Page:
DIY Digital Scanning Keyboard (Cor Blimey!)
The Old Crow
oldcrow at Access.Mountain.Net
Mon Feb 19 19:34:52 CET 1996
On Mon, 19 Feb 1996, Clive Jones wrote:
> Okay then - since Digisound nicked my Digital note generator design and
> I'm sueing the pants off them (just kidding), I've just come up with
> (literally!) a digital keyboard which is self scanning and requires no uP
> overhead. The design outputs an 8 bit data word representing the keys
> "down", no key down=word value of 00h, it's all theory as I do more of
> this than wave a soldering iron around nowadays, but, I see no reason why
> this should'nt work.
This is going strictly from memory, but the Paia `8780' keyboard scanning
circuit does almost exactly what you describe below, save for the RAM part.
I'll note the differences.
> 1 - Build a clock circuit around 500khz, this should scan each key on a
> 64 (yep, I know it should be 61 but 8x8 - yes?) keyboard every 7.8Khz,
> plenty of time! The keyboard scan will occur every *other* event, the
> non-keyboard scan event time or "blanking" period will be used for the
> interface device to access the scan results from RAM e.g scan keyboard,
> rest (one full keyboard scan event time - read results), scan
The 8780 used a master clock to drive a 4024 counter, which has a 7-bit
output. The MSB was used to flag an `active' or `dummy' scan of the
keyboard; the lower 6 bits were used to drive the scanning matrix.
> 2 - Build an 8x8 scanning circuit, use two 4017 johnson counters - 1 to
> drive the *rows* and 1 to drive the *columns* - you'll need to buffer the
Those lower six bits were split into two 3-bit groups. One to drive the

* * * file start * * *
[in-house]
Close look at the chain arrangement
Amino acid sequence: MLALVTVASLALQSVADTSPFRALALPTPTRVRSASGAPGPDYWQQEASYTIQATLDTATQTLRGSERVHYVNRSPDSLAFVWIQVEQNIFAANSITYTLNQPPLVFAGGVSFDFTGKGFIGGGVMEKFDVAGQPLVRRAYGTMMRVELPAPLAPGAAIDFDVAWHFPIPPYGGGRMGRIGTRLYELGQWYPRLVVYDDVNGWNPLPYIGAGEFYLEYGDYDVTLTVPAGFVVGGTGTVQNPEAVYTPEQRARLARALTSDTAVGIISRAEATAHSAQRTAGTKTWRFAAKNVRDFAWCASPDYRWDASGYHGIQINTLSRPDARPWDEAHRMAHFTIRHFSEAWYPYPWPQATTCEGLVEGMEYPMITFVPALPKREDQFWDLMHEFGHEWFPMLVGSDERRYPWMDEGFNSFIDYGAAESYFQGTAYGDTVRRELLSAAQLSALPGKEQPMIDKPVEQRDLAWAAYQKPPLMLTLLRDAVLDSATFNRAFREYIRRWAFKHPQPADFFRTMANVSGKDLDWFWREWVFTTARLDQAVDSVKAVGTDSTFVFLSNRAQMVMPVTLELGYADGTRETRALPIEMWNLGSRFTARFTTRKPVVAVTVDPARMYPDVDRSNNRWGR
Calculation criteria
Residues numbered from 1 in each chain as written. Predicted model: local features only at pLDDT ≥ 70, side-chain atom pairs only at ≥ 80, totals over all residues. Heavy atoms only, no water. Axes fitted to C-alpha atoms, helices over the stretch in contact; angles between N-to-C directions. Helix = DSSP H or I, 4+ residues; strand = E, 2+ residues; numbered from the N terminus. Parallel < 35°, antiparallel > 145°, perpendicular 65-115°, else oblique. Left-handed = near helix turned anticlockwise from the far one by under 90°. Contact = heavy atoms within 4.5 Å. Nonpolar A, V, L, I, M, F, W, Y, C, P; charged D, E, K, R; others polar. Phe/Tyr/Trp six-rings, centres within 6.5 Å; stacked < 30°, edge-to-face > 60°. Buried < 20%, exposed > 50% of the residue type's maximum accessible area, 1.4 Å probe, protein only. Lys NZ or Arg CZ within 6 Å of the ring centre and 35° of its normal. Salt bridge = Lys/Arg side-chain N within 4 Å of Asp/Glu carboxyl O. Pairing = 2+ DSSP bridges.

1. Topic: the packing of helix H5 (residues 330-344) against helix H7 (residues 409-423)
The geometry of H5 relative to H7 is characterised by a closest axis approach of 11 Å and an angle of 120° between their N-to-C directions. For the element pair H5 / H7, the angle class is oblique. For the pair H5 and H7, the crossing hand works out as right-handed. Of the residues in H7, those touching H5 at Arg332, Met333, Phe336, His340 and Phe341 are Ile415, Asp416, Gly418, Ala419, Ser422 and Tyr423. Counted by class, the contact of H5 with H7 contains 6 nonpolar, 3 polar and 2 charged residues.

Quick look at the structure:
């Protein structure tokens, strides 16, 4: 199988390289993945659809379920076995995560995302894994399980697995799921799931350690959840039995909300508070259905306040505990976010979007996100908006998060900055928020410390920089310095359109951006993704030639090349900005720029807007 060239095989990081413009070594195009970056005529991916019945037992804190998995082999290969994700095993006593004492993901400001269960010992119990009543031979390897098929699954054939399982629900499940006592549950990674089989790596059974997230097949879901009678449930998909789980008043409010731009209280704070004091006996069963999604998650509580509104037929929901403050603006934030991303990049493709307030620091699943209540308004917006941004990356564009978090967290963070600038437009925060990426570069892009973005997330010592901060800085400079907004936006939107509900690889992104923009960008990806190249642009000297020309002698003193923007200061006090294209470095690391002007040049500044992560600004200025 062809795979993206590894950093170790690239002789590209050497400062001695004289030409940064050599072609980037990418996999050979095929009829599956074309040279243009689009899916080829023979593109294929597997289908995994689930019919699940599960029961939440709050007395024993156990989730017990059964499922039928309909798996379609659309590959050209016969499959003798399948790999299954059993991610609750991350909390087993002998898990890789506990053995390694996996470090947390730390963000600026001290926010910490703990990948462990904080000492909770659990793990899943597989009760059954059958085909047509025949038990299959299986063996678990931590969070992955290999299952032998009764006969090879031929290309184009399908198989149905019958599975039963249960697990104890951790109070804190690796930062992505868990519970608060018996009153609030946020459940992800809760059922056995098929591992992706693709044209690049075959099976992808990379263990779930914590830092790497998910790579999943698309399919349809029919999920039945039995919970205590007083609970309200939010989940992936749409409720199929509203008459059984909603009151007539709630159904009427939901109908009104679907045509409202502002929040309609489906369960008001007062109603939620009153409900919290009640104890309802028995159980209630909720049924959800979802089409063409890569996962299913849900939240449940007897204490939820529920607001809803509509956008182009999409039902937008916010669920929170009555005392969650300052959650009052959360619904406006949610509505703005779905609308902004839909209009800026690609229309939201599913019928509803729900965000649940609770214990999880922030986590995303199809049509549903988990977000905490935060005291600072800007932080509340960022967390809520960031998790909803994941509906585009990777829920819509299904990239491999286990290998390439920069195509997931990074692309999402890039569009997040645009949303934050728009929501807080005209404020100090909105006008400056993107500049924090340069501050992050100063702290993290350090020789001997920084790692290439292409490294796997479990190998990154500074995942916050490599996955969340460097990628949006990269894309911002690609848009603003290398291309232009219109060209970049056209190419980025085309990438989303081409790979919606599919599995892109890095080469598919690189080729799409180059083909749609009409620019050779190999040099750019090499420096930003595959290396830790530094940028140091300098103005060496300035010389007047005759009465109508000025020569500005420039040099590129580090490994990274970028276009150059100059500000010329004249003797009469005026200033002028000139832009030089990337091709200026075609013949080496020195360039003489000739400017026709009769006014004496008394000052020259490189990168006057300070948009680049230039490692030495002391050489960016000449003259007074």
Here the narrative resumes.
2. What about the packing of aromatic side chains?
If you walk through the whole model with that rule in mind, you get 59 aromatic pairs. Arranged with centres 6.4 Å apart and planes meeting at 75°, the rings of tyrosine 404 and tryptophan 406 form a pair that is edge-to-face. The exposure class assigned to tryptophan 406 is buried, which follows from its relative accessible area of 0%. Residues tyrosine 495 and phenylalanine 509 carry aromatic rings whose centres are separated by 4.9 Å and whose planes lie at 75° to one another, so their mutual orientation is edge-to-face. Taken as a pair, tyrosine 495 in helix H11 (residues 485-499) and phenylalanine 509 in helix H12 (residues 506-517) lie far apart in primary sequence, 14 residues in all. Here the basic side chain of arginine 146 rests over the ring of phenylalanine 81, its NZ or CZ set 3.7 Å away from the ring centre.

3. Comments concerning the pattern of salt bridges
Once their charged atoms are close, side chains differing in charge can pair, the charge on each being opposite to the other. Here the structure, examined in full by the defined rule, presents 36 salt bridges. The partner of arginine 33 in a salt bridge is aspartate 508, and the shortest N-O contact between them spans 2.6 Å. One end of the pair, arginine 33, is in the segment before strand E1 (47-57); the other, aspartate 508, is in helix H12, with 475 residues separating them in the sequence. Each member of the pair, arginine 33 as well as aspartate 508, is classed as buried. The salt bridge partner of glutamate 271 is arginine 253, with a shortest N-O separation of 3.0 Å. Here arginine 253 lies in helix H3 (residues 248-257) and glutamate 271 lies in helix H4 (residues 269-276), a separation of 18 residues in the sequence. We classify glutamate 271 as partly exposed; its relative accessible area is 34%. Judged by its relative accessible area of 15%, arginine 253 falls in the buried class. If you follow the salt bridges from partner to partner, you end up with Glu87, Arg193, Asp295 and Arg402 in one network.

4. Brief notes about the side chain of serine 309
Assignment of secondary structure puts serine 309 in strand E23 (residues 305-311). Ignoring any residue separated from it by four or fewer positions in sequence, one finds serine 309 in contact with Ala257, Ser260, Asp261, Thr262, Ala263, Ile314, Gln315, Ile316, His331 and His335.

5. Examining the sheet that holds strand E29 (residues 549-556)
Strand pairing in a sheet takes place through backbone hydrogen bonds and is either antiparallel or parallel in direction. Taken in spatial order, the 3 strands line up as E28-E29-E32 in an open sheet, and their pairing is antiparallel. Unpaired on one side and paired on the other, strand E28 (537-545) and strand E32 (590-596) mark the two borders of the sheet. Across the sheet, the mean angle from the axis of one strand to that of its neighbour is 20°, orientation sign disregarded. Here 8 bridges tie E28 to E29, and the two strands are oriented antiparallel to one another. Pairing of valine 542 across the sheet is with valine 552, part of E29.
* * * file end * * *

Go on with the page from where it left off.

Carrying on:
binary select inputs on a 4051 for the `row' matrix, the other driving the
select inputs of the `column' matrix. The 4051s' eight selected analog I/Os
were connected to the keyboard in an 8x8 standard fashion with 5 notes for
the final row group (61 keys.) 61 isolation diodes were also used (and
arranged along the bottom of the encoder PCB.)
> gate to prevent it going into orbit. The output of this nand gate could
> be used to trigger a gate voltage generator (you couldn't do it directly
> as it's "on" pulse would be so short you couldn't trigger an EG with
The key down pulse for a given key was done by connecting the analog
switch common I/O pin of one 4051 to ground, the other analog switch common
I/O pin, with a pull-up attached, went to the I/O connector--this signal
would drop low for one key-scan period for each key found down.
The encoder output looked like this:
D7 -- active/dummy scan flag, low=active
D6 -- key down flag, low=active
D4 -- decoder column bits (also go to `column' 4051)
D1 -- decoder row bits (also go to `row' 4051)
This presents the scan status, key status and key number to whatever
device was attached.
> Okay following so far?
> 3 - Addressing the memory: Whilst all this is going on the 555 is also
There was no external RAM circuit used for the 8780; the encoder's
output port (above) was simply connected to either a DAC & S/H circuit
(along with a small mod where pressing a key would stop the encoder clock
by routing the key down signal line to the `gating' input of the master
clock. Look in a Forrest Mims notebook under the 4011 IC for an example.)
OR the encoder output port was attached to a computer's input port. The
computer was responsible for reading the keyboard port and buffering key
it found down on active scans.
(Did I get that right, John? :)
/* Paia Fatman LFO mod: http://www.mcs.com/~syzygy/webdoc/lfomod.html */
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